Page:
23 July 1869
Albert M Steelman, 2015 Ogden St, Philadelphia, swore that he and Thomas 'were boys together and often were together and visited each other often prior to the War of 1861' (p.24), and that 'he and the said Thomas B. Scott worked in the same shop at Saw handle making in the year 1859 in Philadelphia aforesaid at numbers 67 and 69 Laurel Street, and ... he never saw him pay money to his mother, but ... the family of the said Scotts consisted of the mother, the said son, an unmarried daughter and two younger children going to school (one of which latter has since died, and the other is now learning a trade) and that they were poor and it required the constant labor of the said son and the said daughter to support the family, and that the principal [sic] support was upon the son', and 'the general reputation neighborhood, and among acquaintances and friends was that the said son was the main support of his mother after the death of his father, which occurred in 1857' (p.24)
27 July 1869
John M Snyder, 635 Jefferson St, Philadelphia, swore that he was the Scott's next door neighbor from about 1858 to about 1866 (in Jefferson Street), that he believes Scott was his mother's principle support after his father's death (as long as he was acquainted with them), that the Scott's were poor and lived in a small house, at a rent of about $12 per month, and that Scott regularly gave his mother money, that all the family had to work, and that he Thomas B Scott 'was a young man of good habits and was industrious' (p.23)
29 July 1869
Robert J Walker, 1724 Park Avenue, Philadelphia, swore that he knew Eliza Ann Scott and her family since about 1852, including Thomas, and 'employed him for a while at the Dry good furnishing business about the year 1860 or 1861 - he cannot remember the exact time as he kept no wages back at that time and he paid him he believed one dollar and a half a day or whatever the regular wages were at that time', and 'that he heard the said Thomas B. Scott speak about the support of his Mother and the family being then up on him the said Thomas B. Scott', and that after James Scott's death 'the family was very poor and the said Thomas B Scott deponent believes was the main support of his Mother and the family at that time', and that Thomas 'was a remarkably steady and industrious young man, and anxious about his mother and about her getting along' (p.25)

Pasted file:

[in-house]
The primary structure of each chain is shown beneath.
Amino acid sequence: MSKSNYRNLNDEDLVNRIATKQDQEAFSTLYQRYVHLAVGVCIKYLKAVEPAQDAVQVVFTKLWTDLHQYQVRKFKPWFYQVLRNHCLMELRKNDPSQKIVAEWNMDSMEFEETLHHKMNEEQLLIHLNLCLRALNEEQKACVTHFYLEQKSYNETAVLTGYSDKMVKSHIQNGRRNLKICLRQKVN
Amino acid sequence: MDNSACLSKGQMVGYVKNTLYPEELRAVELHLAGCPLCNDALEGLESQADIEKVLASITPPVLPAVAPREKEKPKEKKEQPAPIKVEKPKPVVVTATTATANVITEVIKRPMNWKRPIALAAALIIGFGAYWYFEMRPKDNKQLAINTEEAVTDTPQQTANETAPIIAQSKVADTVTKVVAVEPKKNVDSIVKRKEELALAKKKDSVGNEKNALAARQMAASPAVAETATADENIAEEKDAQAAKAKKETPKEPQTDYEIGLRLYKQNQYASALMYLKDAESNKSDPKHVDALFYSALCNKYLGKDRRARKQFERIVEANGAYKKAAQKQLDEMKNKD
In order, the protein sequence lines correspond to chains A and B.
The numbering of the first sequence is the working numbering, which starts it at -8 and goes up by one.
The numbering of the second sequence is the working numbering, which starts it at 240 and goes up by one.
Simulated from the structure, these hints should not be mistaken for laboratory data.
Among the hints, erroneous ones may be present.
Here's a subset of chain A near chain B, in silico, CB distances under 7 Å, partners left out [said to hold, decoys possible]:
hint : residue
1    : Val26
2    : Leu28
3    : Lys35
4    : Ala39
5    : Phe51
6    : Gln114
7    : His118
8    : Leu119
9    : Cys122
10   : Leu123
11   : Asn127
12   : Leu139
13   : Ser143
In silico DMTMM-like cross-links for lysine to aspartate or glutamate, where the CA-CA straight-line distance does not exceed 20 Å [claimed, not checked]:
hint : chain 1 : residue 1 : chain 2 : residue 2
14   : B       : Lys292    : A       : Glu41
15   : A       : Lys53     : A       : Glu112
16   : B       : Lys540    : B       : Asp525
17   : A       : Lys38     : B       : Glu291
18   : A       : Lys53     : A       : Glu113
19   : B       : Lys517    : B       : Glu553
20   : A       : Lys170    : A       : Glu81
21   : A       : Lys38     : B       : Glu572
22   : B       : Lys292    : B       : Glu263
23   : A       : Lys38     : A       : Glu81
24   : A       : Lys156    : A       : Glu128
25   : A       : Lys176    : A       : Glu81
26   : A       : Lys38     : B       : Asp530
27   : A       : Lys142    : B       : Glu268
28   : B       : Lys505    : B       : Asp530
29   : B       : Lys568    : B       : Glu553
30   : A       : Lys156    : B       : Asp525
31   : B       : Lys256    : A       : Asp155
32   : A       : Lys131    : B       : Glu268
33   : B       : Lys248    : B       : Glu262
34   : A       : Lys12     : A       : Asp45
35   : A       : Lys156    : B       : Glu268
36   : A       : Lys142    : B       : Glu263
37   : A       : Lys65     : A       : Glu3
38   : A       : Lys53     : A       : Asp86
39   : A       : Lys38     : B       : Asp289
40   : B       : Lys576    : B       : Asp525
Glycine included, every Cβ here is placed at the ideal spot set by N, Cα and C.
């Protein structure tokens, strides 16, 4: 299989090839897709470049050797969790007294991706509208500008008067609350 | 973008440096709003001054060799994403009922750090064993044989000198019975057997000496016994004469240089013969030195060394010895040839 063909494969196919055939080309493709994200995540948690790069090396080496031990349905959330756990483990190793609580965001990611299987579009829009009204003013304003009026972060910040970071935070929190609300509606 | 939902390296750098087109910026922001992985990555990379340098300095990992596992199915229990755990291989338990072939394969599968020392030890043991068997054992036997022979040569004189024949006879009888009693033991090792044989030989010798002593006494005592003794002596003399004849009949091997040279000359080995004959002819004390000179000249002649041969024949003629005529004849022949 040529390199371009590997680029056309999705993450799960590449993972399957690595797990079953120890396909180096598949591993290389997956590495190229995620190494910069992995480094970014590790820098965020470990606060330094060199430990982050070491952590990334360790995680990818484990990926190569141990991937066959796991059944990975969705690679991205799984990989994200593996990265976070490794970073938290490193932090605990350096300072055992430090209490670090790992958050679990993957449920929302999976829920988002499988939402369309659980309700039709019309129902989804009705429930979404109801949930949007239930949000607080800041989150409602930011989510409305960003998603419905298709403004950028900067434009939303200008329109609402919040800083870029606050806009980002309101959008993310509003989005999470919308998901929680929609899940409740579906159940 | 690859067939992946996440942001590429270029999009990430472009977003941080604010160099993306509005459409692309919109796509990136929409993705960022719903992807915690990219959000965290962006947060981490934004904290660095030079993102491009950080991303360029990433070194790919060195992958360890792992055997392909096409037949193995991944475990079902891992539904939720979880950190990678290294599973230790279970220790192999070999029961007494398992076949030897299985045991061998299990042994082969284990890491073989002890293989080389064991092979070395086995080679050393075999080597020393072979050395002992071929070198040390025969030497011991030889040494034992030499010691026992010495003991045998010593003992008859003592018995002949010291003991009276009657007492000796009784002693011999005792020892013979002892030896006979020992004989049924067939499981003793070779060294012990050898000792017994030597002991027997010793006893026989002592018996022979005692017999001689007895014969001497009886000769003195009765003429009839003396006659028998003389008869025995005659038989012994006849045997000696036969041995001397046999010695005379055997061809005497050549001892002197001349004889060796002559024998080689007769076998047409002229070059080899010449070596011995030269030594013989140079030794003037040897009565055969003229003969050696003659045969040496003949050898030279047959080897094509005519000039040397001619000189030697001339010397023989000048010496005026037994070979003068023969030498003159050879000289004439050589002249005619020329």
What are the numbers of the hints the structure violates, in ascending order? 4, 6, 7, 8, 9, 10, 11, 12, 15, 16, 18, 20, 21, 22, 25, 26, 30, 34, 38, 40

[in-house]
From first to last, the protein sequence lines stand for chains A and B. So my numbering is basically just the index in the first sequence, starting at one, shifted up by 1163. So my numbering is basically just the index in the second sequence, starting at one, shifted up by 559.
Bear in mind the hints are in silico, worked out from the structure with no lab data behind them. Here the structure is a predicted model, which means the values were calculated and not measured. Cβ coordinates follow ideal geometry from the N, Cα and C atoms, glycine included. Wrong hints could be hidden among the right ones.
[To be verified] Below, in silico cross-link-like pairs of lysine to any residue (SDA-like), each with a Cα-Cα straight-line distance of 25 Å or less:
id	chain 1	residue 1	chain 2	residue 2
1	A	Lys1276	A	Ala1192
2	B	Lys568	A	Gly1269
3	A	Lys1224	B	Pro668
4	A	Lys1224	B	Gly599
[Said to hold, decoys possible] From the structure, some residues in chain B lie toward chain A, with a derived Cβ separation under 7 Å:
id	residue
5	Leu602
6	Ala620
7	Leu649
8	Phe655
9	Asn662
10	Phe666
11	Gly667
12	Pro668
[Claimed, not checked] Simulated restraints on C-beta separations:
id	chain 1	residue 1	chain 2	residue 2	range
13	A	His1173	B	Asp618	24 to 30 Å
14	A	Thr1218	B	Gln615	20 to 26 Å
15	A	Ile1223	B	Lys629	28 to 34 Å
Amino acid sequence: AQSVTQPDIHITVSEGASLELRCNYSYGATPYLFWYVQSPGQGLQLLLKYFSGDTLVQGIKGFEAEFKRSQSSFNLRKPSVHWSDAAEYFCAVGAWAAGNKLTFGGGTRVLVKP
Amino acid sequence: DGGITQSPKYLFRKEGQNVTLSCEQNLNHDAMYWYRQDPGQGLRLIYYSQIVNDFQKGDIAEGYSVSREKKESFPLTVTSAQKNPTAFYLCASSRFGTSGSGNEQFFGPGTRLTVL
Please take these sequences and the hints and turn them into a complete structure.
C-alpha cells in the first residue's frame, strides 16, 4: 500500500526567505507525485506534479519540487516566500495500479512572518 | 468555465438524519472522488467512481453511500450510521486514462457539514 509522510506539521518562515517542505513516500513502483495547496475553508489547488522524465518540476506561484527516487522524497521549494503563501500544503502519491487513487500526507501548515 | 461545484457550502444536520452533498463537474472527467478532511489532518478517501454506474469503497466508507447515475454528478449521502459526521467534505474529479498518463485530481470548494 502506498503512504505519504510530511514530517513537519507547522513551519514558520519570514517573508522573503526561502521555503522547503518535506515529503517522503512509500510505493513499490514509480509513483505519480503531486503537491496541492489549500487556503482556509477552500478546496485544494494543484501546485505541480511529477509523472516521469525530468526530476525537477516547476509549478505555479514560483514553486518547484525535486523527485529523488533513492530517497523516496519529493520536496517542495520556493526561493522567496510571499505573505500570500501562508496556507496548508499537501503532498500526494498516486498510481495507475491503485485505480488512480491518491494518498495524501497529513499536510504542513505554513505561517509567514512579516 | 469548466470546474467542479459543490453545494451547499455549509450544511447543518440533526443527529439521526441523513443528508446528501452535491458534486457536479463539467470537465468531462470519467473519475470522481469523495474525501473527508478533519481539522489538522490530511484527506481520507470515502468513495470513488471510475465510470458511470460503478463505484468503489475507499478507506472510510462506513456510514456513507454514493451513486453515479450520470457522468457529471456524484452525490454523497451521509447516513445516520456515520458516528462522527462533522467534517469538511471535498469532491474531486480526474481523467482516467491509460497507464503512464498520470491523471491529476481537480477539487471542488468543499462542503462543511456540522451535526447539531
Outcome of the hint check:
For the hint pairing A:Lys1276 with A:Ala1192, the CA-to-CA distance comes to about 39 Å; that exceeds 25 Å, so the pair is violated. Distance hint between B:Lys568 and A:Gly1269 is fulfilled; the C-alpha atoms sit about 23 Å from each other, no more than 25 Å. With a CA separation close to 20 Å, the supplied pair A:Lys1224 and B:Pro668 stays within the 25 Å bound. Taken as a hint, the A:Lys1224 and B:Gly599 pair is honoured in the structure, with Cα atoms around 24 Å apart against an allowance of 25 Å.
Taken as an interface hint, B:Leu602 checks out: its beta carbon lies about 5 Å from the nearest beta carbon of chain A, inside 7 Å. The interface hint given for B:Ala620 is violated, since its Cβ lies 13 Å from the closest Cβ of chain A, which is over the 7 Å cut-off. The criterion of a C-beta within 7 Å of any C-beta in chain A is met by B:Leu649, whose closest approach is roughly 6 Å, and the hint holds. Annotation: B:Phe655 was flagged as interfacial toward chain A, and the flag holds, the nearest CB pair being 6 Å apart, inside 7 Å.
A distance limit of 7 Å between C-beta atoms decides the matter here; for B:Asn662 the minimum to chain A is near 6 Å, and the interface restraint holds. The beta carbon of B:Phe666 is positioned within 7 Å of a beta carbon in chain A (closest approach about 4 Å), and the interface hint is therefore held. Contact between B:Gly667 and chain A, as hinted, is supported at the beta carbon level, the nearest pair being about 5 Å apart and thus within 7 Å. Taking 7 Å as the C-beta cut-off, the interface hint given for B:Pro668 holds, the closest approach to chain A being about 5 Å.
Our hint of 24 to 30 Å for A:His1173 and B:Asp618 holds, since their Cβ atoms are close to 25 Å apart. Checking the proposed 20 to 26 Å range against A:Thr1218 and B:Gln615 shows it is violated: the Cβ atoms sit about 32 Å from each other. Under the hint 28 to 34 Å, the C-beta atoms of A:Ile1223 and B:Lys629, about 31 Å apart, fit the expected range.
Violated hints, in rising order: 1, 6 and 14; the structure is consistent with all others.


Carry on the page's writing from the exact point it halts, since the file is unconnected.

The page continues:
9 August 1869
the pension bureau [sent? received?] a letter 'as per slip' (p.11)
5 October 1869
Isabella Scott, 1424 Park Street, Philadelphia, swore that after her father (James Scott) died, Thomas was their mother's main support, that James left no property of any value, 'and the family afterwards being in an humble way', and Thomas regularly gave his mother $5 per week, and sometimes more, until he enlisted, that Thomas had been out of work 'a little while when he enlisted', and that he regularly sent her money after enlisting, sending at different times $20, $15, $25, and others (p.28)
Mrs Emma Armstrong, back of no. 939 New Market, Philadelphia sowre that she has known Eliza Ann Scott and her family for twenty years, was next-door neighbor for about nine years in Fifth Street above Jefferson Street, and then a near neighbor on 6th below Jefferson (for two or three years before the war and several years after the war started), with Eliza Scott living on Jefferson, above 6th street; they met 'about every day', and she saw Thomas give Eliza $5, as many as a dozen times, and at the end of 1861 Eliza received $25 and $20 from Thomas (p.28)
16 Dec 1875
pension agent to suspend (p.9)
24 Jan 1876
pension agent to resume (p.9)
Eliza A Scott applied for the arrears due her under the act of 25 January 1879 (p.32)
post office address 2137 Thomson St, Philadelphia (p.32)
3 Oct 1879
pension bureau rejected arrears under acts of 25 Jan and 4 Mar 1879 (p.9)
28 May 1881
pension bureau again rejected arrears (p.9)
3 June 1890
approved arrears settlement of $12.40 (p.9)
9 July 1890
pension agent returned arrears settlement and sent to secretary of the interior for requisition (p.9)
[death certificate, Philadelphia, Pennsylvania, 1 August 1866, Thomas B Scott]
RETURN OF A DEATH
IN THE CITY OF PHILADELPHIA.
1. Name of Deceased, Thomas B. Scott
2. Color, White
3. Sex, Male
4. Age, 29 years + 6 months
6. Date of Death, August 1st 1866
7. Cause of Death, Consumption of Lungs
S. R. Stine M.D.
Residence 1303 N. 4th St.
UNDERTAKER'S CERTIFICATE IN RELATION TO DECEASED.
8. Occupation, Clerk
9. Place of Birth, Phila
10. When a Minor, --
11. Ward, 17th Ward
12. Street and Number, 1450 Nth 4th St.
13. Date of Burial, Aug 5th 1866
14. Place of Burial, Monument Cemetery
Jos P Fisher Undertaker.
Residence, Laurel + Canal St.
[death notice, Philadelphia Inquirer 4 August 1866, page 4, Thomas B Scott]
SCOTT.--On the 1st instant, THOMAS B., son of Eliza Ann and the late James Scott, in the 29th [?] year of his age.
His relatives and friends and those of the family are respectfully invited to attend his funeral, from the residence of his mother, No. 1450 N. Fourth street, on Sunday afternoon, at 1 o'clock. To proceed to Monument Cemetery.